Why Dublin?

Before Dublin was a city it was a town. Before it was a town it was a simple river crossing, a woven mat of  timber cleaved and crossed and lined up at a naturally shallow point in the river. The city that we know, or think we know, came into being as the human settlement that surrounded this hurdled ford: Baile(town) Atha(ford) Cliath(hurdle). The first inhabitants of this place were weavers eager to get to the other side.

Before this hand-woven hurdle was laid down the river was known in the Gaelic tongue as 'an Ruirtheach' or 'tempestuous one'. The river was spread over a much wider area and the water here, being a tempestuous confluence of the mountain freshwater from the south west and the tidal sea saltwater to the east is geologically known as brackish: a freckled, mongrel word. In a curious coincidence, Viginia Woolf, after reading the great Dublin masterpiece, called James Joyce's Ulysses, somewhat like an Ruirtheach itself, "diffuse, brackish and pretentious".

We also know Dublin as the black (dubh) pool (linn) that formed at the confluence of the Poddle and Liffey rivers. A safe sheltered haven of seaship-suitable deep water easily accessible and thus an efficient site for trade and the formation of a city. These natural features interferred with by its first settlers are crossings, places for human interaction, sites for conversation, trading goods, trading stories, trading insults.

Architecture is a type of crossing too and often a crossing of seemingly opposing worlds. Construction is crossed with poetry. The most private ethics that exist behind closed doors emerge into the most public domain. It is a built language of that which is most ineffable in the endeavour of humanity. Frozen form relating to the passage of time and human behaviour. Good architecture is good jointing, positive meetings, conflict resolution. It may be somewhat self-evident but Dublin's architectural history is peppered with resolutions between apparently conflicting parties; the new and the old, tradition with innovation, international styles with local context, or in the following four examples; youth with the seniority of the state and the ancient and eternal act of architecture. 

The 1727 the commission to design the Houses of Parliament (now Bank of Ireland) on College Green, was given to Edward Lovett Pearse at the age of twenty seven establishing the world's first purpose built Parliament House. The historian Maurice Craig described its south facing collonade"as one of the most memorable architectural experiences in Dublin, a continual source of delight".1 There's another architectural confluence hidden in that statement, the principle that architecture is best considered not simply as a built thing but a human experience.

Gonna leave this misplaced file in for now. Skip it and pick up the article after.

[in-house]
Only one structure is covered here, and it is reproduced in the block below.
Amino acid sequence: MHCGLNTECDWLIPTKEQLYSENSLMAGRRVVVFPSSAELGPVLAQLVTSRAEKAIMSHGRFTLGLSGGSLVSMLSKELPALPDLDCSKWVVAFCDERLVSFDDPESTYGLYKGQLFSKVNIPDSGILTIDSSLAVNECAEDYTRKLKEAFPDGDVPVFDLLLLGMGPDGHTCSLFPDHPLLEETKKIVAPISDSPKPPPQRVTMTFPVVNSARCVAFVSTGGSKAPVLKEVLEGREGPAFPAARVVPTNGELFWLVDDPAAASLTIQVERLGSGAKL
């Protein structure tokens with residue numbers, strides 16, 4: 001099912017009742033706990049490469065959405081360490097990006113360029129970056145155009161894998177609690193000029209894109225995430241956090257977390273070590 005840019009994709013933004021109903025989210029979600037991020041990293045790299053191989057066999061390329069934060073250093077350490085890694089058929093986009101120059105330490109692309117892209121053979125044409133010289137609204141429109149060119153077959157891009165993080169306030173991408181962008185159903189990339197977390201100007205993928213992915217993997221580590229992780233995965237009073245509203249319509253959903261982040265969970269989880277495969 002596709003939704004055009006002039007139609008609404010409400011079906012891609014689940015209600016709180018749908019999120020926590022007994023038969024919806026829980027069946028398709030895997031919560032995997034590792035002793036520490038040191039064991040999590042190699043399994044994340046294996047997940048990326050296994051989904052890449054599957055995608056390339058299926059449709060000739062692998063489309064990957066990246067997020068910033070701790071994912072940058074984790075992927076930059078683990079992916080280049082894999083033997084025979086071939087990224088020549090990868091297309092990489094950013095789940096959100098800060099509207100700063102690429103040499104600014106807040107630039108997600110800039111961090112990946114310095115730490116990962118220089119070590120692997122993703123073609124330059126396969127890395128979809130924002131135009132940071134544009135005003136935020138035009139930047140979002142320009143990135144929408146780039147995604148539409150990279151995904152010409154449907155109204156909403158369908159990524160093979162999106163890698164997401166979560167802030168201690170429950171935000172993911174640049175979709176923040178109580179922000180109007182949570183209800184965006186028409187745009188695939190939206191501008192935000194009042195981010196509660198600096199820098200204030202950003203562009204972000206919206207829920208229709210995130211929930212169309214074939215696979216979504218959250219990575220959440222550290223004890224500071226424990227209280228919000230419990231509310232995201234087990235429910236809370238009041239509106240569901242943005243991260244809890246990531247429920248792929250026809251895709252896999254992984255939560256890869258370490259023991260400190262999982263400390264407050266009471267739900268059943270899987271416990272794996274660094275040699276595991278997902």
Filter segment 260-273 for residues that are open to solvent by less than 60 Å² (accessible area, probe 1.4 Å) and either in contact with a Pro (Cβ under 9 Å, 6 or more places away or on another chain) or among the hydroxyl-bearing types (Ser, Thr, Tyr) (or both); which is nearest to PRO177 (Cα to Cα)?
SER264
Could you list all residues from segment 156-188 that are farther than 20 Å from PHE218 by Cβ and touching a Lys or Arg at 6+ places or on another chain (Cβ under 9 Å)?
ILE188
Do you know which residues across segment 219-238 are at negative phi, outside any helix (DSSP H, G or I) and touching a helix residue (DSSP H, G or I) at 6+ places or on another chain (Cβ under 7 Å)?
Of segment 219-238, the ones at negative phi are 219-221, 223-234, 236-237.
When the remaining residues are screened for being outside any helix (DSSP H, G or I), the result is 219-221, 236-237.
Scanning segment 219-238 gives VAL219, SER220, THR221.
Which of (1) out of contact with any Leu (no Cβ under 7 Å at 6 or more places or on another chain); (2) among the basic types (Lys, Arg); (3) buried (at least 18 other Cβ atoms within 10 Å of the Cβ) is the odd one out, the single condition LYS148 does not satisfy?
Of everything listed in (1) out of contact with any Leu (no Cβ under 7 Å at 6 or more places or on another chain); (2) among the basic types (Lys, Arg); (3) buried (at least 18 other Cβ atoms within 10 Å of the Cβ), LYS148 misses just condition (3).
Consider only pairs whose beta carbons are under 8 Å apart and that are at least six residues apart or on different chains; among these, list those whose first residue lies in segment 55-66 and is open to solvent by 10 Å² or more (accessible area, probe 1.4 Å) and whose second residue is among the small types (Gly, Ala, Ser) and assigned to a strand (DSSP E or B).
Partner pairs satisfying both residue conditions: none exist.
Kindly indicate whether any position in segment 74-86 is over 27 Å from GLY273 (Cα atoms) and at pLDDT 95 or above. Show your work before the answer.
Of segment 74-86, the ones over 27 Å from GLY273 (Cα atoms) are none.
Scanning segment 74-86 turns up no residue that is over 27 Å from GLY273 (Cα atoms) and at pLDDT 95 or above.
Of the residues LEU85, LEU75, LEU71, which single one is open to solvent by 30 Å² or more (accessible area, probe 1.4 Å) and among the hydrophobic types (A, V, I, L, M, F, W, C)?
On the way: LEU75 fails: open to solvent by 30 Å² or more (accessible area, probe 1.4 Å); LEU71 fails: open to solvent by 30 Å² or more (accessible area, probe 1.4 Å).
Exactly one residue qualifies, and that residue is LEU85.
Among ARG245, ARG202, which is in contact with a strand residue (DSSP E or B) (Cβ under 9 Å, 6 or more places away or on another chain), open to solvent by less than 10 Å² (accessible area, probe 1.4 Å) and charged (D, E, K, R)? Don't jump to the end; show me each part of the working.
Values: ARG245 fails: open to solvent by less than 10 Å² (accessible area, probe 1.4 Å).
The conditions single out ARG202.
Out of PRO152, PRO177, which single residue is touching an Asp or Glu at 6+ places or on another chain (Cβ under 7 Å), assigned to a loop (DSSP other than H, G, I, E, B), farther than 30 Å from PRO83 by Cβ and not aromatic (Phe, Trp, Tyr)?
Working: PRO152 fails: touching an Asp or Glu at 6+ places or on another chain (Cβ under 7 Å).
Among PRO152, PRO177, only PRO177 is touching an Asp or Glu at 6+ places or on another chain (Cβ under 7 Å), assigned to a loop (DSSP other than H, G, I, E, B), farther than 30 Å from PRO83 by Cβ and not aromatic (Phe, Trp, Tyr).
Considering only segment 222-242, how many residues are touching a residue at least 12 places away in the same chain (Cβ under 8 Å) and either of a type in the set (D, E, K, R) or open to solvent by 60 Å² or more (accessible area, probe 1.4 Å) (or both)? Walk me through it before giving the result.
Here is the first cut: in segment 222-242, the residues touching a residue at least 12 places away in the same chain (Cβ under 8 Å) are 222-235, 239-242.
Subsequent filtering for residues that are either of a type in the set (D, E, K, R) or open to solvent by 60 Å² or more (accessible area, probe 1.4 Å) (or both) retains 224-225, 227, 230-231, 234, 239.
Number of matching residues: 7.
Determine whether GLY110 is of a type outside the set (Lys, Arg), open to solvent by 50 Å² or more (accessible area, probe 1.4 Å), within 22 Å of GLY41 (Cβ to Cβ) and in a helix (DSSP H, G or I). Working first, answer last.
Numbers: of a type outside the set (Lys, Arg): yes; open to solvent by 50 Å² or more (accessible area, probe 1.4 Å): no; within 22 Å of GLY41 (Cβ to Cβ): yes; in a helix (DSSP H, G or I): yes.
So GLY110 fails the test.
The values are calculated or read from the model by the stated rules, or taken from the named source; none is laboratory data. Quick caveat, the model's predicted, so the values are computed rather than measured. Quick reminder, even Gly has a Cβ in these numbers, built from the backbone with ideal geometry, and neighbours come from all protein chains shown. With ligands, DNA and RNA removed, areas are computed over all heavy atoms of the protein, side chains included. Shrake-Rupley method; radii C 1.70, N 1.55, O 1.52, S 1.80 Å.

Then there's the architect Thomas Cooley who, at the age of twenty eight provided a pitch perfect frontispiece for Dame Street's City Hall outside of Dublin Castle. Either viewed axially from the northside on Capel Street or obliquely from Dame Street, the impressive depth of the collonnade draws the functions of the interior out to the street with the offer of elemental shelter and grand civic symbolism. This too is an architecture experienced and experienced best while in motion. The vibrant life of a Dublin street made confluent with the frozen order of a refined classical architecture.

The new Dublin Airport of 1937 was won by a young team of architects headed up by the equally young twenty eight year old Desmond Fitzgerald. Described as the  'most adventurous...elegant, graceful and majestic example of the International Style in Ireland', it was completed in 1940 and won FitzGerald's team the triennial gold medal of the Royal Institute. The new airport married the emerging style of International Modernism with a unique expression for the new Irish state and despite the glut of construction it still stands out as the finest work at Dublin airport, largely due to its handling of proportion, light and craft; all eternal and ancient aspects of architecture.

Finally, the Berkeley Library in Trinity College followed the same procurement route as Cooley's City Hall, an open international competition that was won by three architects still in their early twenties and in their final year in college: Peter Ahrends, Richard Burton and Paul Koralek. The resolutions evident here are equally as poetic: how a heavy concrete mass supports extensive zenithal daylight, how the individual study spaces are integrated into the overall facade as it looks over Trinity's Fellows square, how this properly brutalist architecture speaks with its older neighbours, also equally significant works of their day.

The attitude of our own practice is one with the 'dialectical materialism' that the Italian architect Aldo Rossi spoke of, i.e. the successful relationships or dialogues between elements of our built environment rather than the making of individual statements in isolation from issues of context and tradition. As Dublin is a city of conversations, it is a fine location to keep the language of architecture alive.

Douglas Carson, Dublin 2012

1: Maurice Craig 'Dublin 1660-1860' p125. Allen Figgis & Co Ltd. Dublin 1969


Lecture given at the Dublin Biennale 2012


Top: Gaelic Map of Dublin, Irish Historic Towns Atlas Series